Student unions

February 16, 2020


The writer is an architect.
The writer is an architect.

UNIVERSITIES in 53 cities all over Pakistan participated in a student march on Nov 19, 2019, and demanded the restoration of student unions and reforms in the higher education sector.

Political parties have reacted cautiously to the demand and feel that these unions should not be allowed to participate in national politics and their role should be restricted to academic and cultural activities. Liberal elements in politics and society have also compared the similarity of this movement with previous student involvement in politics, especially of the Ayub era.

Apart from the demands of the present student leadership, there is no such similarity because Pakistan is not the same as it was in 1952 when the first movement took place, or 1960 when the movement against Ayub began.

Those movements took place in a global climate of radicalism, when the first post-war generation came of age and the spirit of the anti-colonial movements in Asia and the Middle East were alive. At that time, there was a strong Non-Aligned Nations movement and there was also an Asia-Africa solidarity movement which was supporting the regimes fighting colonialism in Africa.

Students will definitely be involved in the politics of the country.

The students and many of the teachers of that time were very much a part of these movements so it is not surprising that the students organised large-scale demonstrations against Britain, France, and Israel, when the Suez Canal was nationalised and that the first major movement of the NSF resulted from a government crackdown on students protesting the assassination of Lumumba. All this has now changed.

When Burhan Wani was killed or when the invasion of Iraq by the US took place, there was no student reaction and nor has there been one to Trump’s recent plan for Palestine. This is in part because in global politics things are no longer black and white. There is a whole grey world produced by ideological changes in China, the collapse of the Soviet Union, the fake consensus-seeking of the EU, and the growing domination of global capitalism.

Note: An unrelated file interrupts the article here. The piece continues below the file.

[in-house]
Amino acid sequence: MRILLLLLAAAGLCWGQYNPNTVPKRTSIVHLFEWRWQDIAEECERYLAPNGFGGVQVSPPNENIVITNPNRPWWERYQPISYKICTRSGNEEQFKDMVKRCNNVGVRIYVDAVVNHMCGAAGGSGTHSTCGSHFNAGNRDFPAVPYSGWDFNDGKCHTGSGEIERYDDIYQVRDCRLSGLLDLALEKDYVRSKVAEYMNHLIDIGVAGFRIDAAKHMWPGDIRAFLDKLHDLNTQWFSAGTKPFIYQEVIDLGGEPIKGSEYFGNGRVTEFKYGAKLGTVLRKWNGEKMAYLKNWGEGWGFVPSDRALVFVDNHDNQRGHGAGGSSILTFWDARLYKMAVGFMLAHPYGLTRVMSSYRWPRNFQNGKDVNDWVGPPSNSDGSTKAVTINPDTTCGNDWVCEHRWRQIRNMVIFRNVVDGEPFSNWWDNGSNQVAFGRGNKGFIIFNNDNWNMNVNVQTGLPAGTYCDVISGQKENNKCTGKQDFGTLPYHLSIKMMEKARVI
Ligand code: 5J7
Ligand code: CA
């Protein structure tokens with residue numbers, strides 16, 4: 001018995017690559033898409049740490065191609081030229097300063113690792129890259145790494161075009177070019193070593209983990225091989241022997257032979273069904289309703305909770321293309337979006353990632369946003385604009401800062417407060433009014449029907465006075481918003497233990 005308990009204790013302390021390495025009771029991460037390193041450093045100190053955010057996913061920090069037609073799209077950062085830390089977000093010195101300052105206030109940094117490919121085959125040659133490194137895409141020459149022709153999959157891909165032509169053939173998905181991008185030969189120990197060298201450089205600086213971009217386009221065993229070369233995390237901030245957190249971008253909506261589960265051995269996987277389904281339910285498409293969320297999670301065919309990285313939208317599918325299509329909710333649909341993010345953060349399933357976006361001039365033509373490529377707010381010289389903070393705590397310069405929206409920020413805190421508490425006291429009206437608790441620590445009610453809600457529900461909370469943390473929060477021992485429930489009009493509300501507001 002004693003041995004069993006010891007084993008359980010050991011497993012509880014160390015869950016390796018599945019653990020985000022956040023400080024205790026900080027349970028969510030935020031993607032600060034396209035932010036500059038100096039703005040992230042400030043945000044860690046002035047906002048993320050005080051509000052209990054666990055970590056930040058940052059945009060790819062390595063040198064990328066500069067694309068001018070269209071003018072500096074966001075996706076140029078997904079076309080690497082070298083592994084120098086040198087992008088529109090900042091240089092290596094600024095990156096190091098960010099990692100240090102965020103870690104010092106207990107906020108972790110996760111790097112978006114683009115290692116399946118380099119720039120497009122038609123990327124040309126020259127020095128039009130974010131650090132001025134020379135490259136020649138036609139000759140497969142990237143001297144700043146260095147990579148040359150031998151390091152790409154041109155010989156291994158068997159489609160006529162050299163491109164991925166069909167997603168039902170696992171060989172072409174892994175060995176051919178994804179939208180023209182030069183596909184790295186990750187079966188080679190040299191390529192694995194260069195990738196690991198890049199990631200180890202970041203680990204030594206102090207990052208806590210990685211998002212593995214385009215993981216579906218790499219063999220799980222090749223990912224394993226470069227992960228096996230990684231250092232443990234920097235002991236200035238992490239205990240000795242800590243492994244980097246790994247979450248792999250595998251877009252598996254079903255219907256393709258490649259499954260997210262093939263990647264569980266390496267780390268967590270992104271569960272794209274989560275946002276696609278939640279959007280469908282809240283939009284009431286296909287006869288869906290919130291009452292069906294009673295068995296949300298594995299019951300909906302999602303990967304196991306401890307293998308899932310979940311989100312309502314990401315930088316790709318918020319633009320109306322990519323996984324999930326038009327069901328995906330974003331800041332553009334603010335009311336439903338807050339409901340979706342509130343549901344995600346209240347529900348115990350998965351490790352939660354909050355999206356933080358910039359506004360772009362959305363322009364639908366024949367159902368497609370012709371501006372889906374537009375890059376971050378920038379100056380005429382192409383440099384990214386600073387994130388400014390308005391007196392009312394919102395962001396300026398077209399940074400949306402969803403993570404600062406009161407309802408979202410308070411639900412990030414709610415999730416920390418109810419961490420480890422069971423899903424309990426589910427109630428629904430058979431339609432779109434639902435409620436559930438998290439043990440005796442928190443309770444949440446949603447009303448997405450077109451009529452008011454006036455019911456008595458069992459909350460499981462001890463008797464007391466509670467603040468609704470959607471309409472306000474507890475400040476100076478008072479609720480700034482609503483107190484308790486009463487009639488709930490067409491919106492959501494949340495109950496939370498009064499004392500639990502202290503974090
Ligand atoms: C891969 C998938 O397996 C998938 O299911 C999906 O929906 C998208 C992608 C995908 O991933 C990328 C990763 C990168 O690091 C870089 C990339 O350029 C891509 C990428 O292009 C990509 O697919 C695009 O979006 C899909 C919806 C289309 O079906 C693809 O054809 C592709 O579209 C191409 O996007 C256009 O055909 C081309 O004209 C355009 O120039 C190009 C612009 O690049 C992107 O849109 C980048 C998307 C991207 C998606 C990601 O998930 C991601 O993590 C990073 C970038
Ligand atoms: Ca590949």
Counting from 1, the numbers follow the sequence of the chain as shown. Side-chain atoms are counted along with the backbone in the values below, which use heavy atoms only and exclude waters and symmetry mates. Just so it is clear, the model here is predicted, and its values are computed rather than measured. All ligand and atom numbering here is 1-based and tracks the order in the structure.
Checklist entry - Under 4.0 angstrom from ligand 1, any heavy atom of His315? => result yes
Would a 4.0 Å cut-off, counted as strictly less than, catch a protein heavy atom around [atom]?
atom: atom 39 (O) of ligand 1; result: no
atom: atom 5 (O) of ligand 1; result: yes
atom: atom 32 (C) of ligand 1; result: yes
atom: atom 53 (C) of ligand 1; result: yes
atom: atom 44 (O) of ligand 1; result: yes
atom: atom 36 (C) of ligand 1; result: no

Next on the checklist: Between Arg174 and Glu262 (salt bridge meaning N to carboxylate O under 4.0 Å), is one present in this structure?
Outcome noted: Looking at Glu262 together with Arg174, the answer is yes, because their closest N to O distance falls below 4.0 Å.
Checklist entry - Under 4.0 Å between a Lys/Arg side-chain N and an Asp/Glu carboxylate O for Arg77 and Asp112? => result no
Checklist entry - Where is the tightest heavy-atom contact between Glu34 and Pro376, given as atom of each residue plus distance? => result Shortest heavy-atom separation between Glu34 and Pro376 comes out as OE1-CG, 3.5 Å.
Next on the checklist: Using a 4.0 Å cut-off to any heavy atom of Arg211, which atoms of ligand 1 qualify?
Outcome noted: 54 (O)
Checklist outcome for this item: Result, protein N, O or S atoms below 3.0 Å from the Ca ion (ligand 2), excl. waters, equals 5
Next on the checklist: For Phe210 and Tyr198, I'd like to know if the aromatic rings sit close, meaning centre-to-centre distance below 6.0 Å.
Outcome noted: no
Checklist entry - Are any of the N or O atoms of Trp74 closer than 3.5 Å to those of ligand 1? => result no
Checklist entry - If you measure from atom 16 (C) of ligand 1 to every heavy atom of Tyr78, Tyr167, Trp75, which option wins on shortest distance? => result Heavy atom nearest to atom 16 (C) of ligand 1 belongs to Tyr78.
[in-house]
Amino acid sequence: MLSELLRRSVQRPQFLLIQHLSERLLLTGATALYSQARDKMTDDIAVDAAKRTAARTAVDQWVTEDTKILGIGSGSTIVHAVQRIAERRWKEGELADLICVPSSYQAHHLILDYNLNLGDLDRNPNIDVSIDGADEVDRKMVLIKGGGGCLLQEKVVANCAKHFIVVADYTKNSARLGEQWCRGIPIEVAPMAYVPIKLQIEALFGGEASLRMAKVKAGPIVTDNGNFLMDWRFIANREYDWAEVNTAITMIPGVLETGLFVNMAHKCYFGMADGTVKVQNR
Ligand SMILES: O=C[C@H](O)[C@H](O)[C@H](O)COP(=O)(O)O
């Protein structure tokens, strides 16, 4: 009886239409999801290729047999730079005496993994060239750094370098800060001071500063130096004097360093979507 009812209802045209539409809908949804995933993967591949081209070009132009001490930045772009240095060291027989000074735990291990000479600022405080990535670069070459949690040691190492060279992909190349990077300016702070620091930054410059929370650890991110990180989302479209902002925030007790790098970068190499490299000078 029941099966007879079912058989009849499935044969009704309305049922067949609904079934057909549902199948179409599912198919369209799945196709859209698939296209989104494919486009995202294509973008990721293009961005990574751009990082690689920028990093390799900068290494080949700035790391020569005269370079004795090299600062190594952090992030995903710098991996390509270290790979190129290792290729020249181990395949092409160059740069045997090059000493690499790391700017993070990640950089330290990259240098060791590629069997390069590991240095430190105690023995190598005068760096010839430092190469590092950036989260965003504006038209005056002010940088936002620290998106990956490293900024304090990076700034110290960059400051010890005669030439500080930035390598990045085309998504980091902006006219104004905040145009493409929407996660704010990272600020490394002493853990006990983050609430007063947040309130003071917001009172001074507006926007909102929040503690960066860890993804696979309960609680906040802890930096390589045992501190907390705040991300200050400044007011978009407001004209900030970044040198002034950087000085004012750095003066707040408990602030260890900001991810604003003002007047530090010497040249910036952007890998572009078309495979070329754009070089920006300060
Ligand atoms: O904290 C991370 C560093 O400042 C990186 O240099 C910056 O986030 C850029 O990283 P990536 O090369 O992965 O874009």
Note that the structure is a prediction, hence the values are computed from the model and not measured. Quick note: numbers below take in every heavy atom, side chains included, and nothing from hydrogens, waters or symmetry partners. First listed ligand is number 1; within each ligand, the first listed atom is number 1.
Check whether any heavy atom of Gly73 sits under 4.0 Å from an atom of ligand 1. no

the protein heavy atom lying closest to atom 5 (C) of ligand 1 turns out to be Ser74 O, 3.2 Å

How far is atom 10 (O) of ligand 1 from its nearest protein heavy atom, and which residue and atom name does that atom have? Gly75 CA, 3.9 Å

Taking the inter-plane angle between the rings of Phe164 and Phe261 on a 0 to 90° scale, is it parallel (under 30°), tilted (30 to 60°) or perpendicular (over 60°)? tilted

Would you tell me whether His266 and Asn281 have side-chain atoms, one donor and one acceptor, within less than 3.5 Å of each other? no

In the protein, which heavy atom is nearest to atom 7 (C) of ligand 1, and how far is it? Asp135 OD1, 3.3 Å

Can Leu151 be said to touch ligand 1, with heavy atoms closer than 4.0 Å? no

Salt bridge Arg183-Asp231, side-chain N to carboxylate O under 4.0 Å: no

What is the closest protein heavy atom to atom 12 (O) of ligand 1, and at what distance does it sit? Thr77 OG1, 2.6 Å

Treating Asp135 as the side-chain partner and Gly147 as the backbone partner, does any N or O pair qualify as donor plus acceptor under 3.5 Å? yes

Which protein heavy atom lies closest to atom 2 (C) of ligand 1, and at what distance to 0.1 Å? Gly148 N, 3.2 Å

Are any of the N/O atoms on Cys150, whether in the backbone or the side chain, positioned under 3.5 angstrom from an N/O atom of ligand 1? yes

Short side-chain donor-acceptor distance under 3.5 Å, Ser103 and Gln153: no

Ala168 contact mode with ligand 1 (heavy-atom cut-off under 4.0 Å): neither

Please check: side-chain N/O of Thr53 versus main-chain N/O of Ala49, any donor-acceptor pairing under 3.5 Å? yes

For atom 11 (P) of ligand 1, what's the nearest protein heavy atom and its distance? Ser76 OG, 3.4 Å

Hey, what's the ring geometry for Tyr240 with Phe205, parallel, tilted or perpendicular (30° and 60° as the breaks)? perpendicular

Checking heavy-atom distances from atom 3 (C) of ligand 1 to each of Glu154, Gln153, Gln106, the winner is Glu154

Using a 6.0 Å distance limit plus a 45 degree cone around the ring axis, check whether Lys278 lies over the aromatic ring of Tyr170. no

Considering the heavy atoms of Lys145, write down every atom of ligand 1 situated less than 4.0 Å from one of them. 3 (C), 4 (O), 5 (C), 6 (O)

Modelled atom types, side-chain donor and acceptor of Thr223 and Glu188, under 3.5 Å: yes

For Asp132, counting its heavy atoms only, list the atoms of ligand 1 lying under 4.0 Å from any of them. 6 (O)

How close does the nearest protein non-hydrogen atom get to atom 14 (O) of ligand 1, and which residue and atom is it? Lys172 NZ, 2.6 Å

There have been other changes too. In 1964, there were six universities, of which one was private. Today, there are 209 recognised universities, of which 82 are private. In 1964, the university student population was 13,221 and today it is over 1.8 million.

Previously, movements originated and were organised from Karachi. Today, they will originate and be organised from Punjab, where a strong middle class with roots in the establishment has emerged. Also, with the growth in private sector universities, the nature of political organisation between them and the public-sector universities will differ considerably. There are other differences as well. Since 2000, 21 universities in small towns of 200,000 to 500,000 (1998 census) have been established. Thirty per cent of students in these universities are from the rural areas.

Then, in 1964, the proportion of women in the universities was 20.6pc. Today, it is over 58pc. In the more urbanised cities, it is overwhelmingly female. Previously, in student organisations, women were organised separately from the men. This is unlikely to happen today as even if it does, there will be women in the main union who will stand for elections and some of them will probably get elected.

These women are different from their earlier sisters for they are a generation that are increasingly taking to riding motorbikes and participating in the annual Aurat March, and are vocal supporters of pro-women laws. Further, a large number of rural women are in universities and are agents of change in their villages.

Meanwhile, the­re are 3m students enrolled in Pakistan’s deg­ree colleges and universities. This amounts to 15pc of the 20m Pakistanis in the eligible age group of 18-24, a formidable number but with very different sociopolitical situations in the four provinces.

Student politics in Balochistan are likely to express its deprivation; those in the KP, a desire for justice in the post-conflict era in the province; in Sindh it is likely to give a new voice to Sindhi nationalism; and in Punjab (judging from its role in the present movement) an emphasis for the consolidation of social and economic change.

Irrespective of what role is prescribed to the unions by the establishment, they will definitely be involved in the politics of the country and will be wooed by different political parties irrespective of whether it is permitted or not.

To bring this enormous student power together for promoting a progressive Pakistan requires consensus building in an ideologically disparate society. If different student groups can agree on the reforms required in the higher education system and their process of implementation, it will be an important beginning on which they can build a platform of discussion and debate on national issues.

The writer is an architect.

Published in Dawn, February 16th, 2020